U.S. mortgage applications slump to 8-year low
NEW YORK (Reuters) - Demand for U.S. mortgage applications tumbled nearly 25 percent last week, with requests for loans to buy homes sinking to an eight-year low, the Mortgage Bankers Association said on Wednesday, as potential buyers hold out for better terms and government help.
The Mortgage Bankers Association's seasonally adjusted home purchase applications index slid 9.8 percent in the week ended February 6 to 235.9, its lowest level since the end of 2000.
Average 30-year mortgage rates slipped to 5.19 percent from 5.28 percent a week earlier, the trade group said.
The rate has fallen more than a full percentage point in three months, but is up about 3/8 point from early this year and seen heading lower.
"In addition to waiting for the rate, you have home prices continuing to come down, so why would I pay $200,000 today when I can pay maybe $180,000 in a couple months or even $150,000," Daniel Penrod, industry analyst for the California Credit Union League in Rancho Cucamonga, California, said on Tuesday. The government is "really pushing against some very strong forces."
U.S. Treasury chief Timothy Geithner on Tuesday proposed pumping $2 trillion into the banking system to sop up bad assets, restore credit and revive lending at lower mortgage rates.
Expectations that government steps could yank 30-year home loan rates near 4 percent, a proposed $15,000 home-buying tax credit and the outlook for still lower house prices has raised the incentive to wait.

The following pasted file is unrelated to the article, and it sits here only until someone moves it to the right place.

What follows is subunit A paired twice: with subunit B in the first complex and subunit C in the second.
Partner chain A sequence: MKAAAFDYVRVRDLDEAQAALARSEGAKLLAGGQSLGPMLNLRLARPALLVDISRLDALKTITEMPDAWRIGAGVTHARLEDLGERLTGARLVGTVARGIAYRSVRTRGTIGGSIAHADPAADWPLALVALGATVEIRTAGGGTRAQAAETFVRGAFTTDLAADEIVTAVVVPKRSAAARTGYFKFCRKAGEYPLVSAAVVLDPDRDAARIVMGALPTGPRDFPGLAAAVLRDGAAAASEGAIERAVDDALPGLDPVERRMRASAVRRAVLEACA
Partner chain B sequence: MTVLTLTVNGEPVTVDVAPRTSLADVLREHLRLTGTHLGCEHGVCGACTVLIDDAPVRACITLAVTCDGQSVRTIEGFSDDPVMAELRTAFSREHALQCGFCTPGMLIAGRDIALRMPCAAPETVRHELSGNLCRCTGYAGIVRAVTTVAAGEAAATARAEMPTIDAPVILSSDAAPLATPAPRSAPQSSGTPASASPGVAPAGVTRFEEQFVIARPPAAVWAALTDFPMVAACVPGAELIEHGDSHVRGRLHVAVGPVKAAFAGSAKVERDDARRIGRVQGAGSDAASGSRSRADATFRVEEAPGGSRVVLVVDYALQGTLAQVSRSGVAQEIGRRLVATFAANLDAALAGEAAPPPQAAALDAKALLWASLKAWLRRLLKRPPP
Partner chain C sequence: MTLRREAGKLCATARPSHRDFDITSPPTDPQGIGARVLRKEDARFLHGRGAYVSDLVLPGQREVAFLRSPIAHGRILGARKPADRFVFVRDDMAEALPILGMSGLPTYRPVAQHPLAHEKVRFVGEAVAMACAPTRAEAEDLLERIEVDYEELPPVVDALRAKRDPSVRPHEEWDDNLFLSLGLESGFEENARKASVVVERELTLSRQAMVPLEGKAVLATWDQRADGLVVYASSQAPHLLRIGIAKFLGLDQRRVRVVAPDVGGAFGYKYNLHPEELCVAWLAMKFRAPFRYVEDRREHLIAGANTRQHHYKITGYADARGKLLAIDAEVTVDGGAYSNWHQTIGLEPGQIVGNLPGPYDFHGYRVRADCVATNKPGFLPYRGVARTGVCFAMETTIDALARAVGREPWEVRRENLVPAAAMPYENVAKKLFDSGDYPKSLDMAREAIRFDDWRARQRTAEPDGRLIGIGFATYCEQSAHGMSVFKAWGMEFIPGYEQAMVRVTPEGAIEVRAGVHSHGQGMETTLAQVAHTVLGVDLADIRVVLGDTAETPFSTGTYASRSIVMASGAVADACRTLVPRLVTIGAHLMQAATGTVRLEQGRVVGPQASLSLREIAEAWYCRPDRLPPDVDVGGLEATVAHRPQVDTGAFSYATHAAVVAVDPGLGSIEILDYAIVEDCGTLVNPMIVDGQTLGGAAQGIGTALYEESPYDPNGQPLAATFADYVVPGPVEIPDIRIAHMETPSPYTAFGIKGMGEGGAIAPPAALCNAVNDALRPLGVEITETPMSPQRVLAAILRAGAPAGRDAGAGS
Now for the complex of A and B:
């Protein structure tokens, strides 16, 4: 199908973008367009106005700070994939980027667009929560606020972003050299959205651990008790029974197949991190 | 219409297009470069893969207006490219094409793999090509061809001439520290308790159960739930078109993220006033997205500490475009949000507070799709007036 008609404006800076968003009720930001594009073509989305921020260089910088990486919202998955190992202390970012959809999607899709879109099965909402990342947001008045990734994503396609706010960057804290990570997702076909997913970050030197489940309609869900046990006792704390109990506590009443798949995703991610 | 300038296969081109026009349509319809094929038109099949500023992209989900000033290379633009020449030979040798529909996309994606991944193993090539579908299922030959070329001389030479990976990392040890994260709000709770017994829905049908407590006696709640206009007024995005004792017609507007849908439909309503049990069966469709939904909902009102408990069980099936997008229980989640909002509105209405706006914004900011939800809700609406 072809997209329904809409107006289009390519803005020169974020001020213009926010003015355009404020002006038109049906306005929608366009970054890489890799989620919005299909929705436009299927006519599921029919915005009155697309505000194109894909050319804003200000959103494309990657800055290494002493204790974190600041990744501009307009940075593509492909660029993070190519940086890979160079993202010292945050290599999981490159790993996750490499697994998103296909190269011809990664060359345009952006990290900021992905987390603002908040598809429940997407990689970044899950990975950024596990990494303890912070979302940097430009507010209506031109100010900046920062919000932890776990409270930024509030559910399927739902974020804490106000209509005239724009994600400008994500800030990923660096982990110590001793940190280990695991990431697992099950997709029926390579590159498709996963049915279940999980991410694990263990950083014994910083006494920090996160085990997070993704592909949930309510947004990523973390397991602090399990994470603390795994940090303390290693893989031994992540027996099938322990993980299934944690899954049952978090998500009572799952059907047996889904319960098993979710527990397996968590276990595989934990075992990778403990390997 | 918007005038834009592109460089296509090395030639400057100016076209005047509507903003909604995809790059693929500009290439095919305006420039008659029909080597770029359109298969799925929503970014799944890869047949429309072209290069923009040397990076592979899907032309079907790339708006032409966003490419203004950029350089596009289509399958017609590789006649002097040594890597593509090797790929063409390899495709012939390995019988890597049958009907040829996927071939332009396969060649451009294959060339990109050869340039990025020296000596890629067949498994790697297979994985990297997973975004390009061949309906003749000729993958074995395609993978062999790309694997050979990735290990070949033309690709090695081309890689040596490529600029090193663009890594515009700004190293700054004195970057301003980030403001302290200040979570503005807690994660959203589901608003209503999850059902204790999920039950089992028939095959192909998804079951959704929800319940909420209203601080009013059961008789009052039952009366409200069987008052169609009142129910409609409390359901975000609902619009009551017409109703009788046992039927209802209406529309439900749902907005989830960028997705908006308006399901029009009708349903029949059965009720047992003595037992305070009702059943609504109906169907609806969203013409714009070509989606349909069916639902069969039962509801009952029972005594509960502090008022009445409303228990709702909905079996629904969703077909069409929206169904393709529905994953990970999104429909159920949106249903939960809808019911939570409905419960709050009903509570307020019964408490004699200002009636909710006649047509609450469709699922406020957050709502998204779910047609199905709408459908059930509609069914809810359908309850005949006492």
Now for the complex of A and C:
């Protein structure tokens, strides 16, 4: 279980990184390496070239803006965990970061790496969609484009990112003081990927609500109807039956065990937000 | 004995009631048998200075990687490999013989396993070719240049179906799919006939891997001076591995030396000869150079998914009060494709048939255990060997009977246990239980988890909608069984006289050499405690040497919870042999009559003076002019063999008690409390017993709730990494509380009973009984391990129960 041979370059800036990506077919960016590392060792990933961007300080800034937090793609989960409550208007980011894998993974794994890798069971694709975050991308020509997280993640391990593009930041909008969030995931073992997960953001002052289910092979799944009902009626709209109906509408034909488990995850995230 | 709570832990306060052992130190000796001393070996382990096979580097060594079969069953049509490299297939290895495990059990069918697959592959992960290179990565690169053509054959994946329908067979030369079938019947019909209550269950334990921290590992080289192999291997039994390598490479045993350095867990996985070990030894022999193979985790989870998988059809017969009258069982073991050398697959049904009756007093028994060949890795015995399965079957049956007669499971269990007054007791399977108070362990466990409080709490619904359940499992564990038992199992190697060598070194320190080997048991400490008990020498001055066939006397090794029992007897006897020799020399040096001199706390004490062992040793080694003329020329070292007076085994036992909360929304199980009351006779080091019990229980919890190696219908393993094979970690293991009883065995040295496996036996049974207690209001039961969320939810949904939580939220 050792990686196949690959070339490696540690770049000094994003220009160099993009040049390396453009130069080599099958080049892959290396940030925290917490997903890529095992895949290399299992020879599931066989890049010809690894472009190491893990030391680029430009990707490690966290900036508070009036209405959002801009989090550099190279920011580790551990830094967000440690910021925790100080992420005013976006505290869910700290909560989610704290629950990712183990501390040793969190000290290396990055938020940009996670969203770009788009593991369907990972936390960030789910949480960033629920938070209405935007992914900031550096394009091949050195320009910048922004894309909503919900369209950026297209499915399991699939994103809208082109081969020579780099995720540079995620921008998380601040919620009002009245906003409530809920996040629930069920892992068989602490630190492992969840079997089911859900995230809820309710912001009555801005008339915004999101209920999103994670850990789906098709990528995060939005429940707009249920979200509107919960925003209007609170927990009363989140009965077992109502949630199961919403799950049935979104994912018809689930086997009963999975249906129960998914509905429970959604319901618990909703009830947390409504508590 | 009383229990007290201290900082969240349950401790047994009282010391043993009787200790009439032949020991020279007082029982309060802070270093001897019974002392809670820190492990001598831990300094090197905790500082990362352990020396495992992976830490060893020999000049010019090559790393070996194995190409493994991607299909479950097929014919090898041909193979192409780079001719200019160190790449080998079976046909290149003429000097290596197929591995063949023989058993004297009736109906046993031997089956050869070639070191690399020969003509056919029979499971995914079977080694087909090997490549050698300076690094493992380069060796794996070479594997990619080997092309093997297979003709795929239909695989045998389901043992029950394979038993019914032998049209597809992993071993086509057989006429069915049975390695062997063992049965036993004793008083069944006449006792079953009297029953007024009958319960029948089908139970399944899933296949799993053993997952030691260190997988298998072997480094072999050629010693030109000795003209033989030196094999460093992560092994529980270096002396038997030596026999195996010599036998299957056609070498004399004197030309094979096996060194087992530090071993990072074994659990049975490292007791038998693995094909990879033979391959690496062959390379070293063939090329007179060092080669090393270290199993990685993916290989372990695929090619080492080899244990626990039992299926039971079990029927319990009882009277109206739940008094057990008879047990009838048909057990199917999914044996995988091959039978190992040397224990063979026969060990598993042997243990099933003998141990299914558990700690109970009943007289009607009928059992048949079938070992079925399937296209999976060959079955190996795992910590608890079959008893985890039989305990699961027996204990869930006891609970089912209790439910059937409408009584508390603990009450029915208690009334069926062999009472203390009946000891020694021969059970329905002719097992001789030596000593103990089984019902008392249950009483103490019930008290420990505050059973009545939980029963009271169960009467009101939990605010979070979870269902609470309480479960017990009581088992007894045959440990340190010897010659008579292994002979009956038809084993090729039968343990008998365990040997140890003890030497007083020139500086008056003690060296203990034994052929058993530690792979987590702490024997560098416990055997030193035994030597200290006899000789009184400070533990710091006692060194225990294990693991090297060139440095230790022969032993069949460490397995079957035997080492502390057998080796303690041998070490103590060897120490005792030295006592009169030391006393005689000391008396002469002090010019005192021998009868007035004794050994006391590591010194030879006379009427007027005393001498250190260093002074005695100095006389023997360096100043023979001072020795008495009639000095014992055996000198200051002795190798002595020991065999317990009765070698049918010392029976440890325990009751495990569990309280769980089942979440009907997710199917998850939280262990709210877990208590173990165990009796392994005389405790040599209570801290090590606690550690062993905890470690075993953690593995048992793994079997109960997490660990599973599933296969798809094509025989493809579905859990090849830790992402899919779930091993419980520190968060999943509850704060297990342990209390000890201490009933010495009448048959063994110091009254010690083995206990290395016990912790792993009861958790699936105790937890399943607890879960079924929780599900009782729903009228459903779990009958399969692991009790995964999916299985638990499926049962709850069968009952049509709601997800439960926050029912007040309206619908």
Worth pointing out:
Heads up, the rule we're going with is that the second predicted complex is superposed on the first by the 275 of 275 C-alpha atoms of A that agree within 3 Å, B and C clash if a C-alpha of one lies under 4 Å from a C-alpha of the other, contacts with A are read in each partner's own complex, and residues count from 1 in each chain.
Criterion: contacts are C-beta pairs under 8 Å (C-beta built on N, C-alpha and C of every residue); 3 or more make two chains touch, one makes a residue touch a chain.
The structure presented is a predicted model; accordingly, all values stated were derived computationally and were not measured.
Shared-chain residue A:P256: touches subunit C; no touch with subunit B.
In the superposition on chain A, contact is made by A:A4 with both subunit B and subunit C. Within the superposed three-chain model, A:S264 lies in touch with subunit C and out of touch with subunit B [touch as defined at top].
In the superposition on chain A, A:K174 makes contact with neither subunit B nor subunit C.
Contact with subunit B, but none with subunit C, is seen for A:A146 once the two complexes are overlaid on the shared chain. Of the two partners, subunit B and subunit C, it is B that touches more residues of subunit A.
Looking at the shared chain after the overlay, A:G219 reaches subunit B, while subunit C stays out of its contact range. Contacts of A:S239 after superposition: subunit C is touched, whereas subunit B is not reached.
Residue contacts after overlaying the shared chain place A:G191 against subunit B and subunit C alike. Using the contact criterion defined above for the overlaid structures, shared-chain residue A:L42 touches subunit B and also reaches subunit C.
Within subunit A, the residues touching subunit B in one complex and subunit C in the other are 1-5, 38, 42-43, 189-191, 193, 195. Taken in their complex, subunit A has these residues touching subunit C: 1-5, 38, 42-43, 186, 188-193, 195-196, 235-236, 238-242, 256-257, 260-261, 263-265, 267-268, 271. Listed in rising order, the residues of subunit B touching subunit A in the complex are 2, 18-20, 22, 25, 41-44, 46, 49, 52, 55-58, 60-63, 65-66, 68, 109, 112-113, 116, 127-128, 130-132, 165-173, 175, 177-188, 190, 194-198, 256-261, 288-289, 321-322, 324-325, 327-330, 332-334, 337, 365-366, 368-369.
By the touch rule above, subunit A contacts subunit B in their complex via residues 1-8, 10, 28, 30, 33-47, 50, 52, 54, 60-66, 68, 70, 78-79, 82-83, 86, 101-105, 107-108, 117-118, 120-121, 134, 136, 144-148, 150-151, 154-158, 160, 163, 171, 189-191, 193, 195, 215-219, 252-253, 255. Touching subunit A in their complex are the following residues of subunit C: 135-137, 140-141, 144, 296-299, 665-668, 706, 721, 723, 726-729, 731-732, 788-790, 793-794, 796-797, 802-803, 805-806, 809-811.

Home prices through November tumbled at least 25 percent from their mid-2006 peak, according to Standard & Poor's/Case-Shiller Home Price indexes. The descent should persist, with a record number of foreclosed properties dragging down market values, analysts have said.
The Mortgage Bankers Association's loan refinancing gauge tumbled 30.3 percent to 2,722.7 last week, its lowest level since the November 21 week and a far cry from the 7,414.1 reached in January when 30-year mortgage rates fell to 4.89 percent.
Intensified government actions will help, Penrod said, but the needed elixirs are more bank lending and a more stable employment picture.
"There's no urgency to jump in until prices settle," Penrod said. "Given the current state of unemployment and the projections there is still downward movement coming in the first half of the year for non-foreclosure sales and prices."
U.S. employers slashed nearly 600,000 jobs in January, the biggest monthly cuts in 34 years, while the unemployment rate set a 16-year peak.
The $15,000 home buyer tax credit that is part of the economic stimulus program adopted by the U.S. Senate would create nearly 500,000 home sales and add 255,000 jobs in the coming year, according to the National Association of Home Builders.
Analysts had also been predicting that at least a third of home owners applying to cut costs by refinancing would be turned down because of more rigid lending standards, job loss or because their home values have fallen below the size of existing mortgages.
Borrowers with mortgages that surpass their appraised home price are called "under water," or "upside down."
"Even with the proposed tax break and the rates dropping way down, it unfortunately doesn't change the water level for those drowning in their home debt," Penrod said.
(Editing by Leslie Adler)
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